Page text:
Katie Vote owns a small business that rents computers to students at the local university for the nine-month school year. Katie’s typical rental contract requires the student to pay the year’s rent of $900 ($100 per month) in advance. When Katie prepares financial statements at the end of December, her accountant requires that Katie spread the $900 over the nine months that a computer is rented. Therefore, Katie can recognize only $400 revenue (four months) from each computer rental contract in the year the cash is collected and must defer recognition of the remaining $500 (five months) to next year. Katie argues that getting students to agree to rent the computer is the most difficult part of the activity so she ought to be able to recognize all $900 as revenue when the cash is received from a student.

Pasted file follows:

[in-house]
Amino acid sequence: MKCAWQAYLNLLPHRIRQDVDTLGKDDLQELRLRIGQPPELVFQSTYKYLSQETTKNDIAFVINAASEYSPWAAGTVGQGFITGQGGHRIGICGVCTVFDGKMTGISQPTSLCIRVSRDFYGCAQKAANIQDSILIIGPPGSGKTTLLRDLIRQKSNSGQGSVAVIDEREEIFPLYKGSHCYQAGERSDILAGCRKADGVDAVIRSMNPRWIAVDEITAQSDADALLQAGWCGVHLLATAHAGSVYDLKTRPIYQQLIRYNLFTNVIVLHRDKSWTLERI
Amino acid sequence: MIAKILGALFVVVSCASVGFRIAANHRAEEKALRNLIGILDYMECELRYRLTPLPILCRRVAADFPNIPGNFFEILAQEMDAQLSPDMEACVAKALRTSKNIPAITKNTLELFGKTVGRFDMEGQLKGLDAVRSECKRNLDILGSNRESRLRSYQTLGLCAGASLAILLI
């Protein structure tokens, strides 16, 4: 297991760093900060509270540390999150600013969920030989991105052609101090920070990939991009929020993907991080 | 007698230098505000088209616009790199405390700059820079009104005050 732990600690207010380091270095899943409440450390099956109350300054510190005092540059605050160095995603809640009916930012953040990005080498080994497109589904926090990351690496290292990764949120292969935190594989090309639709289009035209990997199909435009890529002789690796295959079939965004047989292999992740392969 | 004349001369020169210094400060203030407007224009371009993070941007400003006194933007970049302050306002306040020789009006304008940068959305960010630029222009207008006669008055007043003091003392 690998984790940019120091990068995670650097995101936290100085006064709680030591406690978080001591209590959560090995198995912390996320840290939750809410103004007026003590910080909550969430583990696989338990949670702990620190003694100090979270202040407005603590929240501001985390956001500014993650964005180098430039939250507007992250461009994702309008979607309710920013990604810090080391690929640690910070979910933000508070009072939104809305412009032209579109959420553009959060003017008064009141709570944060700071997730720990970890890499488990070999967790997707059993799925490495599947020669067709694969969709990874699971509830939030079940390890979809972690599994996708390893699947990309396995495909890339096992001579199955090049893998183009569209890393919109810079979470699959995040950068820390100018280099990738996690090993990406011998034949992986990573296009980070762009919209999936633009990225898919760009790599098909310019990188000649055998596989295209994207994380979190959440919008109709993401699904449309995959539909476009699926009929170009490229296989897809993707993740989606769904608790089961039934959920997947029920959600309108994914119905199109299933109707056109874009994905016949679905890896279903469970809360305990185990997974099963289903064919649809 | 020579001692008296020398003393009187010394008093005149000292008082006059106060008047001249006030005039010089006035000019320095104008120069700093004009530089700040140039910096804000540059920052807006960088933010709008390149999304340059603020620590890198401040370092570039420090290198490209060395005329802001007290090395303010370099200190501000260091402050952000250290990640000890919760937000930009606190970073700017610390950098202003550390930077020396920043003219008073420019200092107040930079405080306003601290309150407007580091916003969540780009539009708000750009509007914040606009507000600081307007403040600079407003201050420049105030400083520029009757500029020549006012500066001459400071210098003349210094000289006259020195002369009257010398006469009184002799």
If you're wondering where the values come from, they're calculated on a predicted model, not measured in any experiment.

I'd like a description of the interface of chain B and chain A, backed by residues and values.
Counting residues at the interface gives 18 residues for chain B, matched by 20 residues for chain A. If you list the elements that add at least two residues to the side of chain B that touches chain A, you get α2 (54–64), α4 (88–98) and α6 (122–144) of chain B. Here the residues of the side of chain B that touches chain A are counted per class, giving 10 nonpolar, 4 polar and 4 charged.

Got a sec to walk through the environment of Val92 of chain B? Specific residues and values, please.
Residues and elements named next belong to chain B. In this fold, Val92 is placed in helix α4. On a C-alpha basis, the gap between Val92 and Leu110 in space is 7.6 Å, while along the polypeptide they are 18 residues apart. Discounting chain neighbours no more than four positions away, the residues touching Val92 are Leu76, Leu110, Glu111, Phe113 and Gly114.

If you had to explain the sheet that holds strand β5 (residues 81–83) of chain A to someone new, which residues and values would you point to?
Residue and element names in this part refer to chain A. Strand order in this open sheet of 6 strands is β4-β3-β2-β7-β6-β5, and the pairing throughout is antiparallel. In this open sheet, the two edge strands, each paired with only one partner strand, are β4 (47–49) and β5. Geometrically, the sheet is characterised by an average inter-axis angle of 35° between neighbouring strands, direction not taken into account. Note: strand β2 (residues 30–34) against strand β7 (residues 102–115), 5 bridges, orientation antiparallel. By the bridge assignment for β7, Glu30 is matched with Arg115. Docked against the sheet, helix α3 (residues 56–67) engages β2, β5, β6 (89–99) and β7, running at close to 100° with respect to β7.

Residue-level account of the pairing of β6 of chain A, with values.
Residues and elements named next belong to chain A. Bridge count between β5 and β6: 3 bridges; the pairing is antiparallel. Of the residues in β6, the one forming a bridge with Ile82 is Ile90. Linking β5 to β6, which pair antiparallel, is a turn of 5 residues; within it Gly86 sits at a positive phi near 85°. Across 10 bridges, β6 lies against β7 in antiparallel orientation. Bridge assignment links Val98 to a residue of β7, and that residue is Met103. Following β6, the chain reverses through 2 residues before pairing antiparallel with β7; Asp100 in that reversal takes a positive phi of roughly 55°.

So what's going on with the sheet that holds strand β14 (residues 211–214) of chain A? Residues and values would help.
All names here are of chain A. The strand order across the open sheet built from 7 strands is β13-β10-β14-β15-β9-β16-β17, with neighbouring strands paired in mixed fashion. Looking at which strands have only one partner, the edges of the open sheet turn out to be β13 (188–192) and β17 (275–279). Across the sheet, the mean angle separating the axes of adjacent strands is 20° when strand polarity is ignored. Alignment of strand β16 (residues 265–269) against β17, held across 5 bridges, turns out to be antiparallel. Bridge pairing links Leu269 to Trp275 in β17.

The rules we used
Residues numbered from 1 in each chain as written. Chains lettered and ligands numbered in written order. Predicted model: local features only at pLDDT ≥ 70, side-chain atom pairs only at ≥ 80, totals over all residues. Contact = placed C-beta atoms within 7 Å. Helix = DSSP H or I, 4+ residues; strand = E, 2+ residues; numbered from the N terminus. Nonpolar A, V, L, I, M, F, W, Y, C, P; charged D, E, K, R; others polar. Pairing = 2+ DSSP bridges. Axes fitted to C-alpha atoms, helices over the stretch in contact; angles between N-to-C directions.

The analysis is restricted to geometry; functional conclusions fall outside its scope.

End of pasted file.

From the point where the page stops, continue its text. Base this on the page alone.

Explain why generally accepted accounting principles require the use of accrual accounting rather than cash-basis accounting for transactions like the one described here.